Jon Kavanagh: Or, they may simply see it as not their responsibility. If the FD or PD need something, they'll come for it.
Amy Sebring: In my community, the only ones who get involved with LEPC are responders and larger industry.
David Crews: This question highlights the need for partnerships. There are lots of resources in a community for Disaster Recovery, however ownership is compartmentalized along bureaucratic, political and economic lines.
Dennis Atwood: <<<sigh.
Amy Sebring: Ok, let's move on to the questions I hope we can really focus on. Some ideas have been introduced already. We can always find less than optimal situations. What can be done to improve the situation, realistically?
Question # 7
What opportunities exist to enhance horizontal integration? What are the barriers?
Amy Sebring: Time was mentioned.
Jon Kavanagh: Overall politics.
Amy Sebring: Having a good email list to keep each other informed may be a new opportunity.
Dennis Atwood: Since disasters don't respect political boundaries, mutual aid agreements, hazard zone groups may help horizontally.
Amy Sebring: Yes, local professional association?
John Pine: Technology may offer us with an excellent opportunity to enhance horizontal as well as vertical integration.
Lois McCoy: Amy, how about publishing the emails of the folks on this session so we can contact those that made a special point with which we are interested?
Daryl Spiewak: Also consider "what's in it for me and my department/agency/company/business?".
Amy Sebring: We do not do that as a rule Lois, to respect privacy, but if folks would like to volunteer their email addresses here, that would be fine. You can also request from an individual via private message.
Linda Underwood: We are having a Southern California CERT Conference next Monday with people from 80-90 locations, so we can start working together.
John Pine: I have noticed an increase in fragmentation at the local level as local neighborhoods have conflict over flooding issues - burning of hazardous materials - etc.
Chris Saeger: I have an activity that I have used to kick off inter-organizational efforts, Called the response coordination game, in it four agencies attempt to meet the needs of the community (represented by another player at the table) each agency competes to succeed for awhile until they realize they can do more by cooperation. It takes about 45 minutes to an hour. If you are interested email me at Saegerc@usa.redcross.org
Amy Sebring: Yes, John, I think unless you work to counteract "entropy" it will occur by itself, or be accelerated by conflict.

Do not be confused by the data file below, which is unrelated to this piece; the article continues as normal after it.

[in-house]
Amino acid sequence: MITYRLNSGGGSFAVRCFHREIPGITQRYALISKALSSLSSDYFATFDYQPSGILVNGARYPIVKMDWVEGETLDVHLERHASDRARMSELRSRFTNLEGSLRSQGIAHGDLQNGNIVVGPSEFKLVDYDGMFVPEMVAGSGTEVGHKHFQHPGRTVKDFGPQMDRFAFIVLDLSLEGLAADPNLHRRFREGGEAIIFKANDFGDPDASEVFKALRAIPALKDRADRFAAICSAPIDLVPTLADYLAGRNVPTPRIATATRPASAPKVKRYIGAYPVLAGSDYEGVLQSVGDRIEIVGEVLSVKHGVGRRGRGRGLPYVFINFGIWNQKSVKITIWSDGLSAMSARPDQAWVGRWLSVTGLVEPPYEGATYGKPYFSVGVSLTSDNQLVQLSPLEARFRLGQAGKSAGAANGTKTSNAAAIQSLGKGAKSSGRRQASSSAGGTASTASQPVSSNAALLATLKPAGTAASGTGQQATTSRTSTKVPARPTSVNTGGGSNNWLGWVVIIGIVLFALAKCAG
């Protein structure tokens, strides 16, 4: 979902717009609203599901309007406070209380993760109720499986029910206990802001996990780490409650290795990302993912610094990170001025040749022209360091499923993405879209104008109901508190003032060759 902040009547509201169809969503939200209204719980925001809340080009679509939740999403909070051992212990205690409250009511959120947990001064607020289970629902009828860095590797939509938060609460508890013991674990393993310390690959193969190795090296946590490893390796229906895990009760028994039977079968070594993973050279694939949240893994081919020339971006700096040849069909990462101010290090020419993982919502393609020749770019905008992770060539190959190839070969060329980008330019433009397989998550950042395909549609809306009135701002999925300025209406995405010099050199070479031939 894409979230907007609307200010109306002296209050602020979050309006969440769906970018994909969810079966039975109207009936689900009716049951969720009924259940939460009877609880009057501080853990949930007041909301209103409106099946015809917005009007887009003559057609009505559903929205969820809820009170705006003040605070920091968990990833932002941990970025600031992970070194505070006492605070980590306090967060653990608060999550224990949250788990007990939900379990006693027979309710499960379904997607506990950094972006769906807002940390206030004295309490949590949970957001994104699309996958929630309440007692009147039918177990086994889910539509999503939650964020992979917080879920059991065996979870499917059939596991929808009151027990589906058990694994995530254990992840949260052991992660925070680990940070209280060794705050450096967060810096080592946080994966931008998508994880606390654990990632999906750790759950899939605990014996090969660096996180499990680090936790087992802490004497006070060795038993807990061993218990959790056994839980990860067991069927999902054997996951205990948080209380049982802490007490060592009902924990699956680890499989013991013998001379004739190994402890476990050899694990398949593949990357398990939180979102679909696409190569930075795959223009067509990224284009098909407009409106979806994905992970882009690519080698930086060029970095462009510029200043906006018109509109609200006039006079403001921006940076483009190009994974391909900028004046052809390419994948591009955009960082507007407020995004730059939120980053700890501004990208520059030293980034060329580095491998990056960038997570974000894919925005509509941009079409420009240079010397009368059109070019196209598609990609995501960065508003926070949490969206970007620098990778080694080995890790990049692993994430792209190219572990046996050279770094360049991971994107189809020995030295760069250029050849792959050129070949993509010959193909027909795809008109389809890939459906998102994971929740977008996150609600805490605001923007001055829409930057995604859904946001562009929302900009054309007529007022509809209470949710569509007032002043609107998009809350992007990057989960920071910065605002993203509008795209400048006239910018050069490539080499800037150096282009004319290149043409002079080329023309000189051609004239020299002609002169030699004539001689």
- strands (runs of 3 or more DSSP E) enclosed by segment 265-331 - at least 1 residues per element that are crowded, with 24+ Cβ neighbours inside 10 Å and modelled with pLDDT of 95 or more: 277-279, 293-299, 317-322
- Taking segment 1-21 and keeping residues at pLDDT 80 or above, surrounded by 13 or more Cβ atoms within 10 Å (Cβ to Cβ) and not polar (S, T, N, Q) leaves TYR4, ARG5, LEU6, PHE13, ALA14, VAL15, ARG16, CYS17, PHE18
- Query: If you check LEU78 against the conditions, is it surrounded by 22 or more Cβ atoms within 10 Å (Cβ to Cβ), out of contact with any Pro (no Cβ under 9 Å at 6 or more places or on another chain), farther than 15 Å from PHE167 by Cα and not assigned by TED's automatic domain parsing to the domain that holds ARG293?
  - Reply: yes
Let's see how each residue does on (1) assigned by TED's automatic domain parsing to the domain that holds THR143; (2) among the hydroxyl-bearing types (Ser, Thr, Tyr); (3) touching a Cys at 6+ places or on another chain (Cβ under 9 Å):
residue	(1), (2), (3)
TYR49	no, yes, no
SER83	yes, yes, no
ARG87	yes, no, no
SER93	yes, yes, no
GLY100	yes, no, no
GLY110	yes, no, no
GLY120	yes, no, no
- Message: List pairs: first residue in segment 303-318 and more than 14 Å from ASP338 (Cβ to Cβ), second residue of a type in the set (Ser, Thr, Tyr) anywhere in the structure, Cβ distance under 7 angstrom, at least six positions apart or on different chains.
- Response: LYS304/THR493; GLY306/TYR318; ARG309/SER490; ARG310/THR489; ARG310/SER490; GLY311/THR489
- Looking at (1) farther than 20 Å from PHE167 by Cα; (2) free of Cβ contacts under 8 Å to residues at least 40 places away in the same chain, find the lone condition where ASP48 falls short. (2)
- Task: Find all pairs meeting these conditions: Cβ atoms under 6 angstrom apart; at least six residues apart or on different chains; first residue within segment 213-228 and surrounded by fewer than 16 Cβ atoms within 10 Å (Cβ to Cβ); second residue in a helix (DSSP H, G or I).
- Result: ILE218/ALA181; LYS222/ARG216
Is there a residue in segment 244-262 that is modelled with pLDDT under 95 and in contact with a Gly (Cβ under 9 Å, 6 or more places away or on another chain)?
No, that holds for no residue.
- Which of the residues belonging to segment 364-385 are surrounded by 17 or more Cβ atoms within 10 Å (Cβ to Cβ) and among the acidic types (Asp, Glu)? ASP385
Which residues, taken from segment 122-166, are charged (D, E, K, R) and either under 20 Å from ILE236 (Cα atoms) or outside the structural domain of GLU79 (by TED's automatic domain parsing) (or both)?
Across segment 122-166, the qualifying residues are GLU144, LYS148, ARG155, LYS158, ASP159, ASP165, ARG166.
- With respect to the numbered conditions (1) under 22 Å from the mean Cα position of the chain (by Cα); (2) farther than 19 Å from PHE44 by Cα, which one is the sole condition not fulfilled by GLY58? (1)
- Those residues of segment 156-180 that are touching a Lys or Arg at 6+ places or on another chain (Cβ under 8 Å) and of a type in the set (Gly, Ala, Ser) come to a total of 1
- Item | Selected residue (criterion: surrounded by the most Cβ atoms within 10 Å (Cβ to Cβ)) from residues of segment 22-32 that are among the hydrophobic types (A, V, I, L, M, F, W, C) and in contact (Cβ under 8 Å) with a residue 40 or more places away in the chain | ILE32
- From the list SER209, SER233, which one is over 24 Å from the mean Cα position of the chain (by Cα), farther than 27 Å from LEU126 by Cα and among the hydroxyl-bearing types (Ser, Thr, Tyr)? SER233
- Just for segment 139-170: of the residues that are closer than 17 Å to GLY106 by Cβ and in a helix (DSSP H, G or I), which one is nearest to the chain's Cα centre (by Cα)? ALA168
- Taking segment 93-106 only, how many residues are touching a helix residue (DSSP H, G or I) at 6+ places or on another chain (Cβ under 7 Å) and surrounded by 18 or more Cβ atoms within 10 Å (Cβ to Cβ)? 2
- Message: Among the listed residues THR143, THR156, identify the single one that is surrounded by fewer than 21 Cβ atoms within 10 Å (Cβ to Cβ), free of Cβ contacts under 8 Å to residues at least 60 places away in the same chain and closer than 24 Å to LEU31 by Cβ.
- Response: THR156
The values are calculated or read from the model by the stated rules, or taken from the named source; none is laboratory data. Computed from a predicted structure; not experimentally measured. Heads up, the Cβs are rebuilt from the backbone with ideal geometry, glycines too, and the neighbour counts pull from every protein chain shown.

Peter Picanso: There seems to be an artificial barrier between Emergency Managers and Contingency Planners that needs to be broken down with integration of each into the others professional organizations.
David Crews: Communities are often energized by actual disaster events. EM needs to take advantage of this "synergy" in order to improve a communities ability to protect itself and to respond. Information and Communication technology are excellent ways to do this. However, communities need to have a motivation to mitigate disasters first.
Amy Sebring: Nicely put. Let's address the same for vertical although we have touched on it.
Question # 8
What opportunities exist to enhance vertical integration? What are the barriers?
John Pine: Perception - either by local or state - to see the value in collaboration with one another.
Amy Sebring: I would like to get to meet some of the FEMA regional folks in a non-disaster situation occasionally.
David Crews: Here we are!
Dennis Atwood: Amy - noted!
Amy Sebring: Yes, we are doing a little vertical and horizontal integrating right here!
Peter Picanso: You can't beat face to face networking, but time and distance often preclude it.
Amy Sebring: Perhaps some joint plan reviews?
Ian Manock: This is only one "tool" we have though.
Jon Kavanagh: In both directions. Everyone getting past the fact that some people know more than others, but because you work for the state or feds or FEMA doesn't mean that you know it all.
Dennis Atwood: Gee Jon, did such folks say they did?!
Jon Kavanagh: I don't think it is really ever said.
Dennis Atwood: Way to do. <www.fema.gov> Navigate to each Region's area, news, staff lists there. They typically have full agendas, but know the customer service ethic too!
Amy Sebring: Also, we may neglect to think of our elected officials and go to them for vertical networking in non-disaster times.
Ian Manock: State funded regional and state level conferences/ workshops? Involving all "players" in the EM field
Avagene Moore: If each level of this business could walk a month in each other's shoes, we might have better understanding and relationships.
Amy Sebring: We are coming to the end. Both Project Impact and the new NFPA 1600 Standard incorporate the notion of a disaster committee. Also the LEPC (Local Emergency Planning Committee) under EPA regulations.
Question # 9
Do you have a committee, advisory council, or similar body?
Amy Sebring: No? None here except LEPC.